Amazon CEO Jeff Bezos on Sunday said through a lawyer that he is willing to testify before the House Judiciary Committee, which is examining antitrust issues at big tech companies.
The House wants to talk to Bezos, who acquiesced to attend only after the threat of a subpoena, according to the New York Times, over concerns about Amazon’s dominance of e-commerce, its expansion into other businesses like physical grocery stores that may stifle competition, and its acquisition of would-be competitors. Amazon is under particular scrutiny for alleged misuse of its powerful platform to give its own products an edge against third-party sellers.
Based on those concerns, critics say that Amazon should be subject to antitrust action, which could include fines or, at the most extreme, a forced spinoff of parts of the company.
In addition to antitrust, a number of other issues are likely to come up during a hearing. Unions complain that Amazon’s dominance of the labor market depresses wages in areas where it operates and about its treatment of warehouse workers during the coronavirus pandemic. Additionally, Amazon’s avoidance of corporate taxes is a frequent target.
If he ends up testifying, Bezos would need to convince Congress, and the public at large, that Amazon benefits consumers and that those benefits would be less if members clipped its wings. Antitrust regulators focus primarily on the harm powerful companies cause to consumers, though there is rising concern that the standard is not broad enough to include all the harms that Big Tech causes.
One likely talking point for Bezos is that while Amazon dominates e-commerce with a 44% market share, its share of all U.S. retail is much lower at around 6%, according to one recent analyst estimate. In other words, if a consumer doesn’t like Amazon, they have plenty of other options, online or off.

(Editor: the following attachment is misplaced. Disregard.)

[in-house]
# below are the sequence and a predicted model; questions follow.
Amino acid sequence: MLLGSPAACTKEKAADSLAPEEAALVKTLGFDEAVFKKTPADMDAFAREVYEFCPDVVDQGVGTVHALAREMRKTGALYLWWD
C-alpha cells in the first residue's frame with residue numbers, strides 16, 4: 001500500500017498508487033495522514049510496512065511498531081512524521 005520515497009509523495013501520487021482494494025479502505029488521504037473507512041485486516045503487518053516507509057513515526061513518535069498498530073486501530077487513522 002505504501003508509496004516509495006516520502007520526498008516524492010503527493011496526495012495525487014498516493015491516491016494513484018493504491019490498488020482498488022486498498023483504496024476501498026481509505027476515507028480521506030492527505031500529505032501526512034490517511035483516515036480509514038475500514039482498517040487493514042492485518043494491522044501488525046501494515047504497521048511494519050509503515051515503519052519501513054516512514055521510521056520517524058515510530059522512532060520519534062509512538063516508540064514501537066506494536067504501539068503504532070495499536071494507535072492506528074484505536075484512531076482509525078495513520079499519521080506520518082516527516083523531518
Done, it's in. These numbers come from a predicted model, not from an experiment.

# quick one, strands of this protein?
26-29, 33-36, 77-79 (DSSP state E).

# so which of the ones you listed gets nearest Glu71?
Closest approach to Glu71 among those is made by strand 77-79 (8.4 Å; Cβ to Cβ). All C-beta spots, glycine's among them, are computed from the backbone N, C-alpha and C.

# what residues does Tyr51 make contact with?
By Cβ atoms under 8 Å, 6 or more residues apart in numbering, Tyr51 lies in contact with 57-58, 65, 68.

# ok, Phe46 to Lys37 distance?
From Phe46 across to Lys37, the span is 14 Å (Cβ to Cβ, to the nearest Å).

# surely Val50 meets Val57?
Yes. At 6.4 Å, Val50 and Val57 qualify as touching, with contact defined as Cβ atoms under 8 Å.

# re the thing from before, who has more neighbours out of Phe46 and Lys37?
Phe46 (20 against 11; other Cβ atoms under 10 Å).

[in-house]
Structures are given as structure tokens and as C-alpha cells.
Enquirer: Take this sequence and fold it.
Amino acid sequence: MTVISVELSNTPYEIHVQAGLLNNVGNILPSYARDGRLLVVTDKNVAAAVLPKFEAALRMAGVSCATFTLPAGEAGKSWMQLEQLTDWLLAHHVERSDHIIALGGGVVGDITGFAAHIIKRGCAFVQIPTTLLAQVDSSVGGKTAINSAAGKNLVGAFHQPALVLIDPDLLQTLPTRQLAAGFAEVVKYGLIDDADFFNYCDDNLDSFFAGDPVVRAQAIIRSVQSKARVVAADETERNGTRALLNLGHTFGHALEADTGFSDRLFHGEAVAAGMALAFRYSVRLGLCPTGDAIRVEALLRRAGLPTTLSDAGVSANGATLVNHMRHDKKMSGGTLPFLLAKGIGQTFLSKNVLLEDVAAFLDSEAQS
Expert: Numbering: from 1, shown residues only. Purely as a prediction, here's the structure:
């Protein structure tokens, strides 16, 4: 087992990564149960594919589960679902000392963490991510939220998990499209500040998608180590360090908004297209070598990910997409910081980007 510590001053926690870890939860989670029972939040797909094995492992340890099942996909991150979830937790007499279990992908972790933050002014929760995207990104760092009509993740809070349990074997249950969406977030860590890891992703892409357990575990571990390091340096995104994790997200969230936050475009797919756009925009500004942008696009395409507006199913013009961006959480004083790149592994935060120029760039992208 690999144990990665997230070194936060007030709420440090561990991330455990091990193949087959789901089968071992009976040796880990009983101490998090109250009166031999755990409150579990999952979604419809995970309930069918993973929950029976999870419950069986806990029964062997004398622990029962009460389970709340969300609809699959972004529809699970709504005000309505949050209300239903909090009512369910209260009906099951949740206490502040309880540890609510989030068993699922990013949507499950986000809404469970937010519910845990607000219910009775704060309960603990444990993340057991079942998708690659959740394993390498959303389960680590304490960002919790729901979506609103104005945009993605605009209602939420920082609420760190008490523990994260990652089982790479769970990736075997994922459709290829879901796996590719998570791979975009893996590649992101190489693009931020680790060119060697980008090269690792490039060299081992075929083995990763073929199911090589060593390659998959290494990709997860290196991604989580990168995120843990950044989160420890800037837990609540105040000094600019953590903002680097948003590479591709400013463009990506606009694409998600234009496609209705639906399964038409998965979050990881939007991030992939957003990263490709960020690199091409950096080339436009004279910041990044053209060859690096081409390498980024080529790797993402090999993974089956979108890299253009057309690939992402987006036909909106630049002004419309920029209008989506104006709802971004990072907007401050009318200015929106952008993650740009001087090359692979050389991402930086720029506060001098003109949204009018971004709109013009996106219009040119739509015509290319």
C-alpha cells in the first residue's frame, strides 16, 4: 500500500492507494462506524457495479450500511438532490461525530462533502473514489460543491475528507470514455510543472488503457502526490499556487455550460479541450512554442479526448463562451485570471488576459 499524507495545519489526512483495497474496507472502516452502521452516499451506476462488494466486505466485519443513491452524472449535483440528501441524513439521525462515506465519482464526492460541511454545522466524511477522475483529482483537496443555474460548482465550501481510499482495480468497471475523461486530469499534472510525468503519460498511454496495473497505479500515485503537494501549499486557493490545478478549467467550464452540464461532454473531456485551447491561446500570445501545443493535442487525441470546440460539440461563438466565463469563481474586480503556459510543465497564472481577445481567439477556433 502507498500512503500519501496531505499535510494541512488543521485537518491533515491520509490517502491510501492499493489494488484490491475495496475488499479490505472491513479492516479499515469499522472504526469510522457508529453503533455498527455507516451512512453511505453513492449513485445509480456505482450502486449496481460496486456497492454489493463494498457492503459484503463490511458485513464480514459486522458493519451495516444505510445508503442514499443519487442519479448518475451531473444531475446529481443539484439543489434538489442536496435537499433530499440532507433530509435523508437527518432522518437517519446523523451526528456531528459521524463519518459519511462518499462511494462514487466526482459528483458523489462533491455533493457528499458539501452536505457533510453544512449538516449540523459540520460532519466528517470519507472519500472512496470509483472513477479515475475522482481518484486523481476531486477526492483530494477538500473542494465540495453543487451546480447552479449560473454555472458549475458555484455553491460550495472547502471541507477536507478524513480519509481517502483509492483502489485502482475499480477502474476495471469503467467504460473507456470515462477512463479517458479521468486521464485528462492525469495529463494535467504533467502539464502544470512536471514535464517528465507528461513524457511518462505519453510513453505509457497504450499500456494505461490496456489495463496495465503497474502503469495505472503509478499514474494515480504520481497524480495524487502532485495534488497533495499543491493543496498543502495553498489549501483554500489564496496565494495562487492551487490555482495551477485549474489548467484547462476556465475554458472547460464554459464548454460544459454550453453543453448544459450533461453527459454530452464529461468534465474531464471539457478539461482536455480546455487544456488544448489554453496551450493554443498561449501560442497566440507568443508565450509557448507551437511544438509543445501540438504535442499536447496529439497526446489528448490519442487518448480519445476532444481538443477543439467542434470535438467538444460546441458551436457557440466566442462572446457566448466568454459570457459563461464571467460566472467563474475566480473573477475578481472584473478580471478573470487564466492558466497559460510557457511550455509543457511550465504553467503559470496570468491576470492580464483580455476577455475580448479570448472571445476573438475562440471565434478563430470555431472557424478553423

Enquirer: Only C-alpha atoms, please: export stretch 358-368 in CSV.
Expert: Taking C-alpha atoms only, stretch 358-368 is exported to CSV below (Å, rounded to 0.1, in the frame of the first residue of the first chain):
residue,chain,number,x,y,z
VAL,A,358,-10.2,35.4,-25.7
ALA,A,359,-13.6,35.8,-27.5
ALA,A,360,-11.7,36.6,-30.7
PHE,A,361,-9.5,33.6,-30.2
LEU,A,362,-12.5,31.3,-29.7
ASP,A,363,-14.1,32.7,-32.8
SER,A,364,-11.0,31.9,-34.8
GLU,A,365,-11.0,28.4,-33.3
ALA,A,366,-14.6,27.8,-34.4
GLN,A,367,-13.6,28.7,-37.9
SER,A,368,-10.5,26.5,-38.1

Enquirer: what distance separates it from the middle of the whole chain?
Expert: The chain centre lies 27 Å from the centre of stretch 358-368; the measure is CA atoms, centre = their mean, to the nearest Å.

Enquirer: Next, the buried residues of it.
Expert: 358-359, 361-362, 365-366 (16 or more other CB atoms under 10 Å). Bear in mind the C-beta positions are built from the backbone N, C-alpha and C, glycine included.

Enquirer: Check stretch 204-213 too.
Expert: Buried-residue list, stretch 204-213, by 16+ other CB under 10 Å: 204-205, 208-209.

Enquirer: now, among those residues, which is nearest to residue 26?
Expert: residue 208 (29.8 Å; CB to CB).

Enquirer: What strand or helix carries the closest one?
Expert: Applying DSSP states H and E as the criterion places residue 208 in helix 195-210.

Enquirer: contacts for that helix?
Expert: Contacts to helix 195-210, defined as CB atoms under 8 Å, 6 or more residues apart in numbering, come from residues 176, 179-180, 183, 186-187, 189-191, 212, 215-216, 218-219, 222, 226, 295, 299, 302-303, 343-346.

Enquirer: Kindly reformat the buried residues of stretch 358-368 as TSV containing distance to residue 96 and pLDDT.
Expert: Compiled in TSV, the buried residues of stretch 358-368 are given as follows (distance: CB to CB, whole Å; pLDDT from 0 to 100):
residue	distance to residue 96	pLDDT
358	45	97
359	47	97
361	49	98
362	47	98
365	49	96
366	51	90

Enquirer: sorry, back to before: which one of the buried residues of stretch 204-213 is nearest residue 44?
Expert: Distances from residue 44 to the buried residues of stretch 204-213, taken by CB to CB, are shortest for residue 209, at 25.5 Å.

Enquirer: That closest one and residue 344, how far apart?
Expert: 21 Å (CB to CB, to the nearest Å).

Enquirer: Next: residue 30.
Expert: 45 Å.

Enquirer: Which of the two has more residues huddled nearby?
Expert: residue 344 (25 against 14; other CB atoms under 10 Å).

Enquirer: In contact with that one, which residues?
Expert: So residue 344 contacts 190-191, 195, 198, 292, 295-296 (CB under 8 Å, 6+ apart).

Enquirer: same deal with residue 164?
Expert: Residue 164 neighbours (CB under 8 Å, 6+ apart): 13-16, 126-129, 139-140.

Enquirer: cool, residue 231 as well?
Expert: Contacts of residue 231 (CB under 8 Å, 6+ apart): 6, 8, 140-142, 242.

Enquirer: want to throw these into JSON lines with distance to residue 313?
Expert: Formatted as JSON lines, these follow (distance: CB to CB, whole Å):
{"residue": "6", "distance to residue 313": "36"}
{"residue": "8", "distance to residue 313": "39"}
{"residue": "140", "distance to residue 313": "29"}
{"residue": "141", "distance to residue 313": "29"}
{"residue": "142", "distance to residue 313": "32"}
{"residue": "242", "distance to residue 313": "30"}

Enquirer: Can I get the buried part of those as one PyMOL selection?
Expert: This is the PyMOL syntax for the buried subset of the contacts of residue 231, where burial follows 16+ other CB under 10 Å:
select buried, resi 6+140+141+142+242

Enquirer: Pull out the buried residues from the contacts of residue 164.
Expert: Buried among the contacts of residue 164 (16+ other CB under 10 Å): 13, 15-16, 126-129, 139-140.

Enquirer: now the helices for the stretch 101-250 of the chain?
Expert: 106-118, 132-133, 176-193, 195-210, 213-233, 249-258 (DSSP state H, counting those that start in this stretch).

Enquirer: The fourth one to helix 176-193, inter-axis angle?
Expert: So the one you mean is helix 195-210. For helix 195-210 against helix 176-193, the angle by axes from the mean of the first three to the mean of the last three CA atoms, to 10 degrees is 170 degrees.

The company has faced antitrust pressure from a variety of agencies and governments in the past. The U.S. Department of Justice launched a broad antitrust probe of big tech companies last year, with the department’s antitrust lead Makan Delrahim alluding to Amazon in describing big tech companies as “digital gatekeepers” with few competitors.
The Federal Trade Commission has taken charge of the portion of the probe that is focused on Amazon. That has included interviewing small merchants about their dependence on the company.
Just last week, the European Union was reported to be planning formal antitrust charges against Amazon. Those charges would reportedly focus on Amazon gathering data from third-party sellers on its platform, then using that data to compete against the sellers, including by launching its own products. Judiciary Committee chairman Jerrold Nadler (D-N.Y.) had previously expressed “deep concern” over reports of those practices, making them a likely major focus of any hearing.
Bezos could be hit with a different, perhaps even more uncomfortable set of questions from Republican committee members loyal to President Trump. For years, Trump has lobbed a variety of accusations at Bezos and his company, including that it has underpaid for delivery from the U.S. Postal Service.
Trump’s attacks on Amazon may be motivated by Bezos’s ownership of the Washington Post, which has frequently published unflattering articles about the President. Amazon has even alleged that Trump’s animus led the President to interfere with the bidding for a $10 million cloud-services contract, for a program known as JEDI, from the Department of Defense.
At least three members of the House Judiciary Committee—Matt Gaetz, Louie Gohmert, and ranking minority member Jim Jordan—are prominent Trump advocates. They could use a high-profile hearing to air the President’s attacks again or even go after Bezos’s influence over the Post’s coverage. Bezos has been largely restrained in his response to the President’s complaints, and he may take a similar tack in hearings.
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